I’m on vacation right now, so I’ll use this example from the B&B in Seattle where I’m staying. I’m sitting in the lobby, writing away, focused on my task. An older gentleman sits down near me and tells me he can’t see or hear. I decide to pay attention to him rather than stay on task. (Small personal victory, but now what?) My first inclination is to state what a nice place this is and how I love to come here. Instead, I ask if he’s been here before. At each turn of the conversation, I catch myself before I declare something (It’s nice to see the sun! That sounds exciting! Julie makes good cookies!) and instead turn my responses to him into questions about him and his experiences rather than declarations. (Did you grow up around here? What was that like for you? They must really support the arts – oops – that one was a declaration.) As I’m doing this, I realize how much effort it’s taking. I find myself glad that he can’t see me because then it would be obvious that I’m working hard to ask questions. “Be curious,” I say to myself. Instead of deciding what he means, ask him more. What more might I want to know about the story he’s telling me about the nearby Olympic peninsula? Be genuinely curious. And it works. Instead of our conversation being stilted and closed down, he warms up and I learn about a place nearby that gets over 150 inches of rain each year and another that gets almost none. I’ve been to Seattle dozens of times and have never been to any of those places. Julie, the one who makes the good cookies, tells me I should go there. I should.
I use this example, because it was almost like I had to have a low risk opportunity to practice this behavior. Not everyone needs safe environments to try new things, but I’ve learned that I do. I’ve been trying it more at work now, too. Whenever I find myself making a declarative statement: “That’s a great idea!”; “You must be exhausted!” “Here’s what I’m thinking…” I try to stop myself, focus on who else is in the room, and frame a truly curious question. Doing this is especially hard when I have my own idea to share. While I’ve learned that it’s important to let others share their ideas before I do, especially when I’m the person with more power in the relationship (i.e. Boss), sometimes I just want to speak first – usually because I’m so excited by my idea and don’t want anyone to mess with it by putting other ideas in my head. Yes, I sometimes have this conscious thought. So practicing this behavior – asking questions out of true curiosity – takes a mix of self-control and self-knowledge. It also takes extreme flexibility on my part because the outcome is always unexpected.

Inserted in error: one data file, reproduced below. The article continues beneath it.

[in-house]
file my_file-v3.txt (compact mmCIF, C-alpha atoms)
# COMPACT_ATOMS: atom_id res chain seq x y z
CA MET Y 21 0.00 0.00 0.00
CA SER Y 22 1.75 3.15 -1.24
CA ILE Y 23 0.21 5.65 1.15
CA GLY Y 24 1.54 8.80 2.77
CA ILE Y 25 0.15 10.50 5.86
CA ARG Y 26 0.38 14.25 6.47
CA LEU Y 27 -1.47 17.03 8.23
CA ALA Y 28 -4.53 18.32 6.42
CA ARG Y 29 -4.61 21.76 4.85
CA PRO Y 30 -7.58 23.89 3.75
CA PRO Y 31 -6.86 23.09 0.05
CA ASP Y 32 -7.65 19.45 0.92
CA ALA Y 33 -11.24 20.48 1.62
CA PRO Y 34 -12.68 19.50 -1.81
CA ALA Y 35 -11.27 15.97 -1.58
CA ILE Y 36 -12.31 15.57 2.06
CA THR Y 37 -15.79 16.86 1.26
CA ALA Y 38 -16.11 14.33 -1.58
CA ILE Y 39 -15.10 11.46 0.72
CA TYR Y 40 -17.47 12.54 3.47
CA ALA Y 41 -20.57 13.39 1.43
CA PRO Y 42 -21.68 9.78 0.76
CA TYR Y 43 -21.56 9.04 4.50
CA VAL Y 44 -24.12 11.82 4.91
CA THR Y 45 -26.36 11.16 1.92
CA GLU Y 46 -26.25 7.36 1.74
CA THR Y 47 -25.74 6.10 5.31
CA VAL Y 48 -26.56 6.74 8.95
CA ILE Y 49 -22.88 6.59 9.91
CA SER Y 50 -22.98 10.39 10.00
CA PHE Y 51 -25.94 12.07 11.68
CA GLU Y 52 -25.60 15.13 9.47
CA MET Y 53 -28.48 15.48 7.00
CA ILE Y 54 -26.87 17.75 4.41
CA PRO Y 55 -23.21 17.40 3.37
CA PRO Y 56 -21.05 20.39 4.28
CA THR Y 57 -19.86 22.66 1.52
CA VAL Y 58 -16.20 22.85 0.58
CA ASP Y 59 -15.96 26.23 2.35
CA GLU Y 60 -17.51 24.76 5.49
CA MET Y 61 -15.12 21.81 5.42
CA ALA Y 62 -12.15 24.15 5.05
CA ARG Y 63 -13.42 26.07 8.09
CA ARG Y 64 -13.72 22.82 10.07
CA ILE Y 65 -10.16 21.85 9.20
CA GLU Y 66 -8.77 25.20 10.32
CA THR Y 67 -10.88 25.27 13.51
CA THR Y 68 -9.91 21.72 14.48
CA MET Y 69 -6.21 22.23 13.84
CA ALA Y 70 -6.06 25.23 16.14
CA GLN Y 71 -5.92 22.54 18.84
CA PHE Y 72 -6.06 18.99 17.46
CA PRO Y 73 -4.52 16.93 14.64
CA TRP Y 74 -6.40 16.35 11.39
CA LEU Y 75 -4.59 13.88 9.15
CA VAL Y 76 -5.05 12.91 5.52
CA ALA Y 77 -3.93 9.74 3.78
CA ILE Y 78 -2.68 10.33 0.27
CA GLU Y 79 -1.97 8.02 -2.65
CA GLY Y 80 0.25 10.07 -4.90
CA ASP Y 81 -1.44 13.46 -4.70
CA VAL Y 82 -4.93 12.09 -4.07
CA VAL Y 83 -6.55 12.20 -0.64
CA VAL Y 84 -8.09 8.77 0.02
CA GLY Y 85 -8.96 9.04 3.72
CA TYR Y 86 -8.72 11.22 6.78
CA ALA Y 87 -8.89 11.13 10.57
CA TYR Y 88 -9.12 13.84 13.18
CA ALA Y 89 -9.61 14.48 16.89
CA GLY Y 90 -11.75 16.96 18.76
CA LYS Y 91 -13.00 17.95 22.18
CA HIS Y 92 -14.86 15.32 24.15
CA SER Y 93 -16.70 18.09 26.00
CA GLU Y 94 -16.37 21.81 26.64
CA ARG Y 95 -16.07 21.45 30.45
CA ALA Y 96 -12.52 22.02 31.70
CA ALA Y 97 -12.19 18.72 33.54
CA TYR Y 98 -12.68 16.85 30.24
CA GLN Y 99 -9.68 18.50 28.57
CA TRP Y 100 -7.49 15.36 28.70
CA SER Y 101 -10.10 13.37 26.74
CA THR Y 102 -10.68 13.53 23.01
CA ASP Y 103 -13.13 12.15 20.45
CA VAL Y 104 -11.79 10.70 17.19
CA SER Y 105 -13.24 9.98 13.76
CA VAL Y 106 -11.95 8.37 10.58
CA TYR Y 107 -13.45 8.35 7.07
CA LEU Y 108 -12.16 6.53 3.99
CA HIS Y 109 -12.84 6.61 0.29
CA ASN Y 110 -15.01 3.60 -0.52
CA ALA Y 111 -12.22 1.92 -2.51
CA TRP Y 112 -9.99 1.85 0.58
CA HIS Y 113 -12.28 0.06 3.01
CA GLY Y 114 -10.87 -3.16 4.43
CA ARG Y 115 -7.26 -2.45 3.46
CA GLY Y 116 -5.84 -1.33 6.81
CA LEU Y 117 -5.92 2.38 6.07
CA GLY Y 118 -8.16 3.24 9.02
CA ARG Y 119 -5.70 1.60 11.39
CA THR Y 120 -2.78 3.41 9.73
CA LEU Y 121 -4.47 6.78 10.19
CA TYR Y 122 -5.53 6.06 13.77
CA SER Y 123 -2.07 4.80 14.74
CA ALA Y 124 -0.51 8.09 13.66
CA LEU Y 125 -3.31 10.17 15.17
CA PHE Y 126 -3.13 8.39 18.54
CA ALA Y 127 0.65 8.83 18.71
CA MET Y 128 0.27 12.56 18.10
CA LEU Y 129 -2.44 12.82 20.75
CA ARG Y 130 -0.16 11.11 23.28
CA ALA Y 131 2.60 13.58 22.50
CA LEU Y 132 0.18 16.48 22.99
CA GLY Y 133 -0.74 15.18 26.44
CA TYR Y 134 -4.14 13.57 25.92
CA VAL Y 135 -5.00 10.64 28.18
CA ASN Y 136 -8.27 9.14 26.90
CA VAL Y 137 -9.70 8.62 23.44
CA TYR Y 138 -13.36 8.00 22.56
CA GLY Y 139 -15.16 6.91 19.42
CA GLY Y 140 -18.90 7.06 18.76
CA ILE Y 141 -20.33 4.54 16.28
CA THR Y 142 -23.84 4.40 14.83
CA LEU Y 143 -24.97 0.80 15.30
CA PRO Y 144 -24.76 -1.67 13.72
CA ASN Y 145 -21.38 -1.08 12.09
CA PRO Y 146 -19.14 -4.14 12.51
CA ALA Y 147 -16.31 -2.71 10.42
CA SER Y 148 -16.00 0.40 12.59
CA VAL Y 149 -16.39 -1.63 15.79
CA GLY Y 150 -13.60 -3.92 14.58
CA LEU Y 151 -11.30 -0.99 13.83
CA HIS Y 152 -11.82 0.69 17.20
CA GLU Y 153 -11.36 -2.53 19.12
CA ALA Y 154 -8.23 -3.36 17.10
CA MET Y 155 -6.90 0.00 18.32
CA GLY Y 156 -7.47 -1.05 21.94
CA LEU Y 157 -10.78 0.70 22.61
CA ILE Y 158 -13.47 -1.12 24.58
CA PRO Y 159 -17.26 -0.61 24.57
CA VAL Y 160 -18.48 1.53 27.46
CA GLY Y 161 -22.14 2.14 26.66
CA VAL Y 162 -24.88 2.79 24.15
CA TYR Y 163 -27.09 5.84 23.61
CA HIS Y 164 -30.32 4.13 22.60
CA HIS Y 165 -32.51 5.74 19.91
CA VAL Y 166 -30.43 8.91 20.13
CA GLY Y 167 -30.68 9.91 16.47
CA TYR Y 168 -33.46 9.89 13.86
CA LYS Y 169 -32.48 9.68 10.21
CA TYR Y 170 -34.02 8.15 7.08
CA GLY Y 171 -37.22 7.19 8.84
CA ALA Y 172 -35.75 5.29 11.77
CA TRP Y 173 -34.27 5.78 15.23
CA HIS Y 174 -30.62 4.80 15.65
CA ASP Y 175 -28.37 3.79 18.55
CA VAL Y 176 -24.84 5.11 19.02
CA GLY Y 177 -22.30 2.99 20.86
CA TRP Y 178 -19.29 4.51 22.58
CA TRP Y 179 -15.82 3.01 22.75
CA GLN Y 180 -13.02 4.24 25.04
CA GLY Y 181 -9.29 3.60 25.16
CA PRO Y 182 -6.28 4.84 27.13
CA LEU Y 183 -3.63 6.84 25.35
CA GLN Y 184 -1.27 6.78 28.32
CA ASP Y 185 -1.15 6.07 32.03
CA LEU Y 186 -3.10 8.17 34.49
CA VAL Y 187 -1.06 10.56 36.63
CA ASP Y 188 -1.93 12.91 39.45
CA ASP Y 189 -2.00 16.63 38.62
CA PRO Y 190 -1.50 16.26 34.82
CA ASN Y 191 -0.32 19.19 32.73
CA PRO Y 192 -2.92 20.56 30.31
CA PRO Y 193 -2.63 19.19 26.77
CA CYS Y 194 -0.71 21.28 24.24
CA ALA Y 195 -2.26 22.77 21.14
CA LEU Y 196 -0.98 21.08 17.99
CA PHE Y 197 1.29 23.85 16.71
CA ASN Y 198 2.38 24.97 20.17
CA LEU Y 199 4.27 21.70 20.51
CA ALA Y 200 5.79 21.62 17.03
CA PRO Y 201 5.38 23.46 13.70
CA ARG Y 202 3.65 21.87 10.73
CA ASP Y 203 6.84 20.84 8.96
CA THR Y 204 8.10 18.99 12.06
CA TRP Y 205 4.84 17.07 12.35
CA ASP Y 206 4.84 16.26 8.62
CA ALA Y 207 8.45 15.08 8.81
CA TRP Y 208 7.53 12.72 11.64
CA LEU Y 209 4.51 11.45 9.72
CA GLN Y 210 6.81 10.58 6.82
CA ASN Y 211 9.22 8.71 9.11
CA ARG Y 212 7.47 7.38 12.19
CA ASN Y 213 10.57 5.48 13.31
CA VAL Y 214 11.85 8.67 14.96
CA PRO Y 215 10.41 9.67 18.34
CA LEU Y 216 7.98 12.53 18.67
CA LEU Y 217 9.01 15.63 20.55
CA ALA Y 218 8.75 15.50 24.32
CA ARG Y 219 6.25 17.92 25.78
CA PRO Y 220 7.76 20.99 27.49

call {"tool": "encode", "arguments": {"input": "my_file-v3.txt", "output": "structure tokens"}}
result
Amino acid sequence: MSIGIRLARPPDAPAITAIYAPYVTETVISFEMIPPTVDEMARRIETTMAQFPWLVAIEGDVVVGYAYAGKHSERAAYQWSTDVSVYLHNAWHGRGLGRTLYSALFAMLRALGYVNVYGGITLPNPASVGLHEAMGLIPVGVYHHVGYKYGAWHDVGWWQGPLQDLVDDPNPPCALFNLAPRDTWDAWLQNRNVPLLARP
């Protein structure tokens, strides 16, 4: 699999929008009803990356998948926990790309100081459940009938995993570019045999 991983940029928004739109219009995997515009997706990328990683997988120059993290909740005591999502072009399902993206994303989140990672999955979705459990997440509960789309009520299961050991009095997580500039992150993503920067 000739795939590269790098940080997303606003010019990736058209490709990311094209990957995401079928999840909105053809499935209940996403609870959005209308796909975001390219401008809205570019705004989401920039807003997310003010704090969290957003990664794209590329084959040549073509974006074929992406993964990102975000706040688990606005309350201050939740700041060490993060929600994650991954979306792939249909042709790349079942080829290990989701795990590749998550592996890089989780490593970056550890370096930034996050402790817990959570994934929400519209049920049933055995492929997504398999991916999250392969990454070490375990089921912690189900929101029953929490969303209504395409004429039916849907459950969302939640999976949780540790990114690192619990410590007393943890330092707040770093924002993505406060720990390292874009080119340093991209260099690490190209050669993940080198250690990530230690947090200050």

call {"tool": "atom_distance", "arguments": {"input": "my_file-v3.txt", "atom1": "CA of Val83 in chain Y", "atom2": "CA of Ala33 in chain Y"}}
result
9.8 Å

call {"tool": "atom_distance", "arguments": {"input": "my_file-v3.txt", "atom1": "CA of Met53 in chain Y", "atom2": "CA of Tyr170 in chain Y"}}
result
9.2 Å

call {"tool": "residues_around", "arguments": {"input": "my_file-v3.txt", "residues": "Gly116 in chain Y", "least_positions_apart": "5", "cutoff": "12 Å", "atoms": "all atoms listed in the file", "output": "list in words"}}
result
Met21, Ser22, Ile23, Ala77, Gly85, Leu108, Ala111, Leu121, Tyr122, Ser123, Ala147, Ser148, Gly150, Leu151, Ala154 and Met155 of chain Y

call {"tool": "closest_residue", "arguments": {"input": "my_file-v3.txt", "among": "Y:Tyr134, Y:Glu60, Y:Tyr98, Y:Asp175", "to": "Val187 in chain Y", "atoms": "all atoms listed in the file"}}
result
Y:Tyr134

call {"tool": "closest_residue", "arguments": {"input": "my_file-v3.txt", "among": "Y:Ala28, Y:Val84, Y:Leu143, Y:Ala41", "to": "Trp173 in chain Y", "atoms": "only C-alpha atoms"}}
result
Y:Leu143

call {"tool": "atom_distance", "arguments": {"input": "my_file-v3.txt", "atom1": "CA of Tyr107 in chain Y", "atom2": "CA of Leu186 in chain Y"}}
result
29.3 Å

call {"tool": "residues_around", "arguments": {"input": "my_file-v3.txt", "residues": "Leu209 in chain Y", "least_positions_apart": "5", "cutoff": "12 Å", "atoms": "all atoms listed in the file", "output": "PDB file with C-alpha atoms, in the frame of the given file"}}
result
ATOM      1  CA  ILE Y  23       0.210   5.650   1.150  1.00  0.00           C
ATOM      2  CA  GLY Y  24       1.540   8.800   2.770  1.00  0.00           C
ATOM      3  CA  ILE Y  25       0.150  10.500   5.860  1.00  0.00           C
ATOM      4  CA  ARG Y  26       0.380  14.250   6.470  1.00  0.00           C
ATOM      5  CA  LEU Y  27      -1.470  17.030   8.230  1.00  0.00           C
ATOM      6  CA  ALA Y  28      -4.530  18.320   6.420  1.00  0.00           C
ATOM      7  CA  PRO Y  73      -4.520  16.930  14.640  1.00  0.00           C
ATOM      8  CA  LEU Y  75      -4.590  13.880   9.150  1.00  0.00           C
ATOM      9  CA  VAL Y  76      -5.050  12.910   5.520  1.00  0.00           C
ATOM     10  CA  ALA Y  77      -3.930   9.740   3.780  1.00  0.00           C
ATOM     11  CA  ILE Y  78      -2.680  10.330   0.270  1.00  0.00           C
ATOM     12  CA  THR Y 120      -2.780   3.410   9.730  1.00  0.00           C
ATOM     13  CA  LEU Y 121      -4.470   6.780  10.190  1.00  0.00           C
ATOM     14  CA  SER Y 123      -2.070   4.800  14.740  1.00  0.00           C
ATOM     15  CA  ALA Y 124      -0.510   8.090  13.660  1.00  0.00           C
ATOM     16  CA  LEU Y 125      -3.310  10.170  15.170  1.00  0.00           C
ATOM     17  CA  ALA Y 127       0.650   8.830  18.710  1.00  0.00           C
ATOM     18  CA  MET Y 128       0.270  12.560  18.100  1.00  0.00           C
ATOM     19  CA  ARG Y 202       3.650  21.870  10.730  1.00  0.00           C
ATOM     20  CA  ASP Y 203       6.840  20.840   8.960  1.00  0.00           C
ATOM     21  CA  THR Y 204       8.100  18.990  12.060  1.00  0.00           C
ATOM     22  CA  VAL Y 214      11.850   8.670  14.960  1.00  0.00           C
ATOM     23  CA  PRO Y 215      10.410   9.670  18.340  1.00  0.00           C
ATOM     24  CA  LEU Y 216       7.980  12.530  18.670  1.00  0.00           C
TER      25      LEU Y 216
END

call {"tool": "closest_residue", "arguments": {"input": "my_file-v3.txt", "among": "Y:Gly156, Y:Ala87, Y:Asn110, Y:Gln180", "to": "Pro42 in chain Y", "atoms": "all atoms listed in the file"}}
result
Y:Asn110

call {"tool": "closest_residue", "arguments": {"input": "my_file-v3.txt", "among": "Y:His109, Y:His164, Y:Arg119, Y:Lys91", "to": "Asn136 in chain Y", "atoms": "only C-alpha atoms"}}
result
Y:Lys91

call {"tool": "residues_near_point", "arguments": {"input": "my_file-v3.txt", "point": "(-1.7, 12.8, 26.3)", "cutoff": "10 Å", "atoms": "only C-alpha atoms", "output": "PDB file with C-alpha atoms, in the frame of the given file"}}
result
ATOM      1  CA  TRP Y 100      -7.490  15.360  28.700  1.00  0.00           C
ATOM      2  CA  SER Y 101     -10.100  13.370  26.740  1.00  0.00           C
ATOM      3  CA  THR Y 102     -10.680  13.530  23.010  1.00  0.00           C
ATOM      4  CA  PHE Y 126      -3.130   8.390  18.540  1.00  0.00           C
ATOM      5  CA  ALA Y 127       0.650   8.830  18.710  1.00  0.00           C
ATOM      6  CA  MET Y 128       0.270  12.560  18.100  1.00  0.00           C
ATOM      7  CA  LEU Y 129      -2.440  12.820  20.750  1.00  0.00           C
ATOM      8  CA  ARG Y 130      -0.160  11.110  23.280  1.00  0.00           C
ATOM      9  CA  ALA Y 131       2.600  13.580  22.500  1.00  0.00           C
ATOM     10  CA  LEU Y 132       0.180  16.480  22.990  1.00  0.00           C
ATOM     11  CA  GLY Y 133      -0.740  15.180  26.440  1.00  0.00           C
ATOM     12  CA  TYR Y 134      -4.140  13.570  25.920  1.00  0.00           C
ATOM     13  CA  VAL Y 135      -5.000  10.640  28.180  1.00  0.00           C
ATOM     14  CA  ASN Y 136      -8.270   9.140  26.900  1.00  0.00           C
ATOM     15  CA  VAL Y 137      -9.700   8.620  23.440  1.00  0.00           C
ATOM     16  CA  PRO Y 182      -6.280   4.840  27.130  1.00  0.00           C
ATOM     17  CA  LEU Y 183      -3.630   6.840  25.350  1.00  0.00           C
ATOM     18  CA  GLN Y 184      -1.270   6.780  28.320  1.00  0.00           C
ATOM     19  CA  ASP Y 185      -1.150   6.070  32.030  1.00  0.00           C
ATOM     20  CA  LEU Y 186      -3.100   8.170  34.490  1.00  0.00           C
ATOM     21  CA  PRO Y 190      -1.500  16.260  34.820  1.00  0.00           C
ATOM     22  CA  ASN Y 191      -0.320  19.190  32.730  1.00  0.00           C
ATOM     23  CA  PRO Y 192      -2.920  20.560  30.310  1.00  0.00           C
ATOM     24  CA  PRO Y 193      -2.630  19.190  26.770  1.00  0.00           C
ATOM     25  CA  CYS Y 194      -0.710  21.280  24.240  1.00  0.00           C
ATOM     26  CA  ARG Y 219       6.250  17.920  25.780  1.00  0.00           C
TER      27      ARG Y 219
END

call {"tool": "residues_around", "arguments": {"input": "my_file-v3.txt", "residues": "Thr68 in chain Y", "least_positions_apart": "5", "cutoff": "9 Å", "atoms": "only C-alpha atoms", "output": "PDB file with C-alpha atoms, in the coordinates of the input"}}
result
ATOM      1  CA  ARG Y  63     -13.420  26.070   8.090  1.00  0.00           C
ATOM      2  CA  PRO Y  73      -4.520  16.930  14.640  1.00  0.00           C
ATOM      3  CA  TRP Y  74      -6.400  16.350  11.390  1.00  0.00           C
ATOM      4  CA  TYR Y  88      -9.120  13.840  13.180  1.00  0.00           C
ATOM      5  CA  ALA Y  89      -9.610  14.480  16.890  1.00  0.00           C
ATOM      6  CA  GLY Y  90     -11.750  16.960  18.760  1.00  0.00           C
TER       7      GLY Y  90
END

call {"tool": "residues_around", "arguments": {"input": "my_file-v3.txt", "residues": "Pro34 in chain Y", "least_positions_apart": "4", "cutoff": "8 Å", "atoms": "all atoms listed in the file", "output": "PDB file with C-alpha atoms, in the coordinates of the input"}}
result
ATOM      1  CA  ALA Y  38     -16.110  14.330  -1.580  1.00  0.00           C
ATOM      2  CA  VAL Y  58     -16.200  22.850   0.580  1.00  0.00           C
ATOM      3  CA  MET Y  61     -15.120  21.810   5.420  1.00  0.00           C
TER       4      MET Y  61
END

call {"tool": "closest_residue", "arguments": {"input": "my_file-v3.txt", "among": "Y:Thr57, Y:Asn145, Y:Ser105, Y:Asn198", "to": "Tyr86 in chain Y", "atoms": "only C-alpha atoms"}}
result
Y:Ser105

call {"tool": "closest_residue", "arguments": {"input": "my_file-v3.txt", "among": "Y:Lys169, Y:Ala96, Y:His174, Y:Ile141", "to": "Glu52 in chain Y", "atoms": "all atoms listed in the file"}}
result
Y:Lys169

So down the rabbit-hole I go, if I let myself be curious.
Alice’s Adventures in Wonderland/Lewis Carroll (1865)
Alice’s mindset throughout her adventures remind me of the improv rules of saying “yes, and….” She is open to every adventure, and stays curious about what’s next. It leads her down paths none of us expect.
The Enneagram Development Guide/Ginger Lapid-Bogda, Ph.D. (2011)
Several of the techniques in this guide have helped me recognize particular behaviors of mine that don’t always serve me. It also offers techniques for my type to practice for personal and professional growth.